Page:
JOANNA C. VALENTE is a human who lives in Brooklyn, New York, and is the author of Sirs & Madams (Aldrich Press, 2014), The Gods Are Dead (Deadly Chaps Press, 2015), Marys of the Sea (The Operating System, 2017), Xenos (Agape Editions, 2016) and the editor of A Shadow Map: An Anthology by Survivors of Sexual Assault (CCM, 2017). Joanna received a MFA in writing at Sarah Lawrence College, and is also the founder of Yes, Poetry, a managing editor for Luna Luna Magazine and CCM, as well as an instructor at Brooklyn Poets. Some of their writing has appeared, or is forthcoming, in Brooklyn Magazine, Prelude, Apogee, Spork, The Feminist Wire, BUST, and elsewhere.

To Be a Monster

CW: Assault (sexual)

 

I.
Tethered Spinal Cord Syndrome:

Before I was born, my spine was a needle & thread.
God
or
Mother Nature
or
Genetics
sat at her window,
tied up her fly-away curls,
& stitched spine to backbone.

II.
How I Became a Defective Marionette:

My insides were a puppet show,
all taught strings & tension.
Tendons, nerves, and tissue
twisted into crevices they should not have twisted into.
The seamstress tied a string to each of my cells,
pulled on them from the inside
until I was a wooden pile of ache.

III.
When My Doctor Used the Word "Deformed":

I was beginning to believe my body was a discarded tapestry
sewn raw & wrong.
They gave me a thousand new names,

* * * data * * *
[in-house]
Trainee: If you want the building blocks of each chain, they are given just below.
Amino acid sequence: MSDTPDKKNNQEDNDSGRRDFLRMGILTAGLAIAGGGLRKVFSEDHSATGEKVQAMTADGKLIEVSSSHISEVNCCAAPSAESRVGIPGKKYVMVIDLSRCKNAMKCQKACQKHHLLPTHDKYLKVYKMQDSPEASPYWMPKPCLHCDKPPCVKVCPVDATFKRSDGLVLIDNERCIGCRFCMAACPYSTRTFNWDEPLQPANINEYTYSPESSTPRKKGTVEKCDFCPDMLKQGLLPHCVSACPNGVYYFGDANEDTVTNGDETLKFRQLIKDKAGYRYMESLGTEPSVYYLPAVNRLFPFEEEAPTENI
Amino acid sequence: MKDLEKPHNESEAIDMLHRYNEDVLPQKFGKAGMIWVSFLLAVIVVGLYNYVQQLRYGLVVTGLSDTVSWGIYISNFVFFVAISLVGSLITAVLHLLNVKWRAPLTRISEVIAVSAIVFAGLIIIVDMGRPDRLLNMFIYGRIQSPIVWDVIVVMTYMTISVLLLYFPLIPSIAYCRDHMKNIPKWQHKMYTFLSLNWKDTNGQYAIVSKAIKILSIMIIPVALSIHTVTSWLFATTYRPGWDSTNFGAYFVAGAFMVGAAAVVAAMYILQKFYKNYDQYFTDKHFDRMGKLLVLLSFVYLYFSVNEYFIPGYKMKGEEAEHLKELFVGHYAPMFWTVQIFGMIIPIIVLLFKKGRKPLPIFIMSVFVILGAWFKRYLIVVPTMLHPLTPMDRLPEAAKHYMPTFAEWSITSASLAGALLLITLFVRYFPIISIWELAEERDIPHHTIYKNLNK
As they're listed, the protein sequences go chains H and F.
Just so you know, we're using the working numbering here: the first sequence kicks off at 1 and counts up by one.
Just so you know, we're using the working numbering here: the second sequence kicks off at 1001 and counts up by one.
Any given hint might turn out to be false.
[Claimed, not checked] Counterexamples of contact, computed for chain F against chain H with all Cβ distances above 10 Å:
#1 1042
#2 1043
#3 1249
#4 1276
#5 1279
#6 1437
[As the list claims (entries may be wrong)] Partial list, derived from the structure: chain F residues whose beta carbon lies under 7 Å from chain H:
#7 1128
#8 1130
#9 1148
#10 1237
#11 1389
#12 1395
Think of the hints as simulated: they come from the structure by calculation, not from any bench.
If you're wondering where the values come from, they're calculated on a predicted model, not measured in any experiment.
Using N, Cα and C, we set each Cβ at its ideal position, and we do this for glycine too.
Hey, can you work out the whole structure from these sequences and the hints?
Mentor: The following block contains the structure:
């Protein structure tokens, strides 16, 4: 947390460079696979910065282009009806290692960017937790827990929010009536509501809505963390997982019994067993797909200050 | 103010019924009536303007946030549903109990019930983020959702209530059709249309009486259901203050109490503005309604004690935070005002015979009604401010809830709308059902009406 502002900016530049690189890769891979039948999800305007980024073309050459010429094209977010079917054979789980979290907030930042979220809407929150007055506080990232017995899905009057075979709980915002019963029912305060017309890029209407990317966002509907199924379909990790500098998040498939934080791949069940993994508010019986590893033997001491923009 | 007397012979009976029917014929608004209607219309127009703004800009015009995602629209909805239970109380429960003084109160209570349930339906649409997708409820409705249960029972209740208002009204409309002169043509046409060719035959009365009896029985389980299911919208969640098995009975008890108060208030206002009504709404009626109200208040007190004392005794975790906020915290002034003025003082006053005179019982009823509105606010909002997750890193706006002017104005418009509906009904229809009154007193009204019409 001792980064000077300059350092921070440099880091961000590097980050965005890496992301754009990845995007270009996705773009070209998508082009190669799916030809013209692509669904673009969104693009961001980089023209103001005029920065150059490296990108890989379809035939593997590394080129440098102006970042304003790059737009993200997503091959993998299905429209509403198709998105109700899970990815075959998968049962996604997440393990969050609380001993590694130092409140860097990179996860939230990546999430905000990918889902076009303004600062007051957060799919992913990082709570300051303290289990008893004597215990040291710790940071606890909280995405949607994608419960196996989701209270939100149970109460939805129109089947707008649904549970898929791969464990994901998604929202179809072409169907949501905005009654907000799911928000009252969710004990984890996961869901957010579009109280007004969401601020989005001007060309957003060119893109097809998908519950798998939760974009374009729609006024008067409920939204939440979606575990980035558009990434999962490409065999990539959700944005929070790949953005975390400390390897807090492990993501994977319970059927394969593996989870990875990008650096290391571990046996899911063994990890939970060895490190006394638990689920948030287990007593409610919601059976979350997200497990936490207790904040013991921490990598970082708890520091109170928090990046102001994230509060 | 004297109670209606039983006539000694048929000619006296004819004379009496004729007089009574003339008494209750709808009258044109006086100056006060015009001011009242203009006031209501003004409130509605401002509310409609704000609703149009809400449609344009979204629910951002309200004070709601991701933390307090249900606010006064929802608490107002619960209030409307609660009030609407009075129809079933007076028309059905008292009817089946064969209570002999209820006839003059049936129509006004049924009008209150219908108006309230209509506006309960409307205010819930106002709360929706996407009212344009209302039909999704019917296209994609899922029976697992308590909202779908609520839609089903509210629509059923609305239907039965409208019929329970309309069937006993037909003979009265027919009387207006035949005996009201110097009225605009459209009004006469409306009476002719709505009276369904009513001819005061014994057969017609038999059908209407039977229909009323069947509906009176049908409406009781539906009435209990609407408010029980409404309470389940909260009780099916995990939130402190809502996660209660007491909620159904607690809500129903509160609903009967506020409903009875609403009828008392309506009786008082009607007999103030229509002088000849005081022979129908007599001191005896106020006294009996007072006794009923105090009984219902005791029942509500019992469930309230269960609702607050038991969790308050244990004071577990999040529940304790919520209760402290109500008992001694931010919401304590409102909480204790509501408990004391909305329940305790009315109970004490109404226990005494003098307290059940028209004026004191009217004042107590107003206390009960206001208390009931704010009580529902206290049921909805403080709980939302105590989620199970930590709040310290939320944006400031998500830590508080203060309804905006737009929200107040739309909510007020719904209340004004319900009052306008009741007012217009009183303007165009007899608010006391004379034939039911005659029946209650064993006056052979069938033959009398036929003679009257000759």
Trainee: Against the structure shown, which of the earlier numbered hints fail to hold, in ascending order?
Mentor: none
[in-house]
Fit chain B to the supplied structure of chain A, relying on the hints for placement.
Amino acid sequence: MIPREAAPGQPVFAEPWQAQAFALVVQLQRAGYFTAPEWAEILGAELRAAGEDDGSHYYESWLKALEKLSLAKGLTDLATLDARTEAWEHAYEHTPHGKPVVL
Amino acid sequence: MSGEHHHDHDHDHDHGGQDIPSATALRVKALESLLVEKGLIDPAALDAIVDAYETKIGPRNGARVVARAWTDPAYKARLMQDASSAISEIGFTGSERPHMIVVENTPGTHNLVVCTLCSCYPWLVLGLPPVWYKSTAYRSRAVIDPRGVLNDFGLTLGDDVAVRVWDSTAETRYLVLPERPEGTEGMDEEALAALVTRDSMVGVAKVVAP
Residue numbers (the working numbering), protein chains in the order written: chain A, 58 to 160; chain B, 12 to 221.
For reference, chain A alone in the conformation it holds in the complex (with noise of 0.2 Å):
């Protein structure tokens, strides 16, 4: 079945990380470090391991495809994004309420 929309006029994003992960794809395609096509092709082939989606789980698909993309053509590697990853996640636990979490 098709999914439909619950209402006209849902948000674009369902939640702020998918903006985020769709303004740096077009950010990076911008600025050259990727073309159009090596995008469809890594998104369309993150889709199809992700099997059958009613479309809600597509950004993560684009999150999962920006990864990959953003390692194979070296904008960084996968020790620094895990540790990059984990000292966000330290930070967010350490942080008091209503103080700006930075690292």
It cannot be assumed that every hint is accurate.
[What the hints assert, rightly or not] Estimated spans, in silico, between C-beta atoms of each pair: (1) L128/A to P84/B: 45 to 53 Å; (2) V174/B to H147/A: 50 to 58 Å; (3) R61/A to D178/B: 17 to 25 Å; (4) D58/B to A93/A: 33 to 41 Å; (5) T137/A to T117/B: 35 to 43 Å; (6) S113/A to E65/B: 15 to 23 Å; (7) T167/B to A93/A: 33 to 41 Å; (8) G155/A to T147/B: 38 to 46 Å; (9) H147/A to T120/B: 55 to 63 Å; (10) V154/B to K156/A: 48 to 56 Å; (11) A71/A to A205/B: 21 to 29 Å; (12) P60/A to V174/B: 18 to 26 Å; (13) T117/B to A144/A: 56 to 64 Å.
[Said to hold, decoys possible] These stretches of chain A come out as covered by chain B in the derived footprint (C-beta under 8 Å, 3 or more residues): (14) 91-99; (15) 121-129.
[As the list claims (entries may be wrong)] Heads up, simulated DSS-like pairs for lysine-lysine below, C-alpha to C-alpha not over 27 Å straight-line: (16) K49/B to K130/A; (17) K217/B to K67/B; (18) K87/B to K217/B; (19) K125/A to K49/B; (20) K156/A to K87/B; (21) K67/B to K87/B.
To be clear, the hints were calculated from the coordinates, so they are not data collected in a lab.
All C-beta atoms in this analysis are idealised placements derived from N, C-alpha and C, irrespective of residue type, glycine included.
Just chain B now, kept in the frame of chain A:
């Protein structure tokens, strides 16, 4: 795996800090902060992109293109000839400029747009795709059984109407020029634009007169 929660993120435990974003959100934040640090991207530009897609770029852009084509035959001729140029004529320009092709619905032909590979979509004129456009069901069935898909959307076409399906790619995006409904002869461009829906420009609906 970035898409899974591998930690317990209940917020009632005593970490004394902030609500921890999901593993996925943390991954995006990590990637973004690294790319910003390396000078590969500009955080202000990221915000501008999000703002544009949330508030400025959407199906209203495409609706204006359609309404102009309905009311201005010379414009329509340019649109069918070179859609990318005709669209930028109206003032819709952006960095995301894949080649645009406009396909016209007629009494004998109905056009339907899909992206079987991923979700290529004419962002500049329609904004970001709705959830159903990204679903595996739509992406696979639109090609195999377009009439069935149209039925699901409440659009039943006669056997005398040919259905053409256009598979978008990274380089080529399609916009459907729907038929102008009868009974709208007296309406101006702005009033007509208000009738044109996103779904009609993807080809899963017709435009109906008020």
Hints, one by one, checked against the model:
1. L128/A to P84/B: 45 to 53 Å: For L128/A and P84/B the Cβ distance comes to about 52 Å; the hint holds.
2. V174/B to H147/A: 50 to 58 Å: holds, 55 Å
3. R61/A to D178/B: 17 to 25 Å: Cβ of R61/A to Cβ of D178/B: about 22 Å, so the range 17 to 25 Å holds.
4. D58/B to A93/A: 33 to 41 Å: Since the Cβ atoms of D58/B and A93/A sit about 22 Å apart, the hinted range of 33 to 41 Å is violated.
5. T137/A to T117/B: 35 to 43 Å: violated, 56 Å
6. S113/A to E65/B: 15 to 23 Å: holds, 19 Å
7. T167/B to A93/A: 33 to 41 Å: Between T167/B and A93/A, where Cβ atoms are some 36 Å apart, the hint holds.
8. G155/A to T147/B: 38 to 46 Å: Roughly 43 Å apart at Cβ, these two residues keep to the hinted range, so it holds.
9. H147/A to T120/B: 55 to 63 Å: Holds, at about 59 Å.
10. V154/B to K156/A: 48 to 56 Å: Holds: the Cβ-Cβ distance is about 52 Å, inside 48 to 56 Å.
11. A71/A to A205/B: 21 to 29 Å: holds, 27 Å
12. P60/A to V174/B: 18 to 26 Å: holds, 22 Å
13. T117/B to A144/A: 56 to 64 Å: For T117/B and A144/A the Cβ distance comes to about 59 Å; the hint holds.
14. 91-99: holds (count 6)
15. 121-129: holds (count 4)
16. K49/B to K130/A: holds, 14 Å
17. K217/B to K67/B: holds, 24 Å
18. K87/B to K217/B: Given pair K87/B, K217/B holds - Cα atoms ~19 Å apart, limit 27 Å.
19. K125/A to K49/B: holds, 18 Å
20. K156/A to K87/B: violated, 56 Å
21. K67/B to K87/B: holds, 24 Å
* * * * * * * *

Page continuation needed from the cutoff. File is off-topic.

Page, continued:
all of them tattered,
none of them akin to beauty.
I was led to a table where a man would touch the deepest parts of me,
splay me open like a book
& rewrite my insides.

IV.
Surgeons are like Lovers:

We all expect the first one to fix us,
expect the touch of another to release us from all this hurt.
But our first is rarely our last,
isn't that right?
It will take another man several years & three tries to hold my body,
listen to the vibrations from those thin fibers within me,
figure out which strings to cut, which to leave intact.

V.
Recollections:

I am as fixed as I will ever be,
but I still remember being torn to the thread
crimson embroidery
in a straight line down my back.
Remember the dissolution of hope
as the surgery was repeated,
repeated,
repeated.

VI.
Rainbow Monster:

As a child, I always thought my last surgery
would be the end of grief.
But with red stitches on my back,
purple bruises on my foot,
yellowed skin on a thin leg,
I believe myself a beast.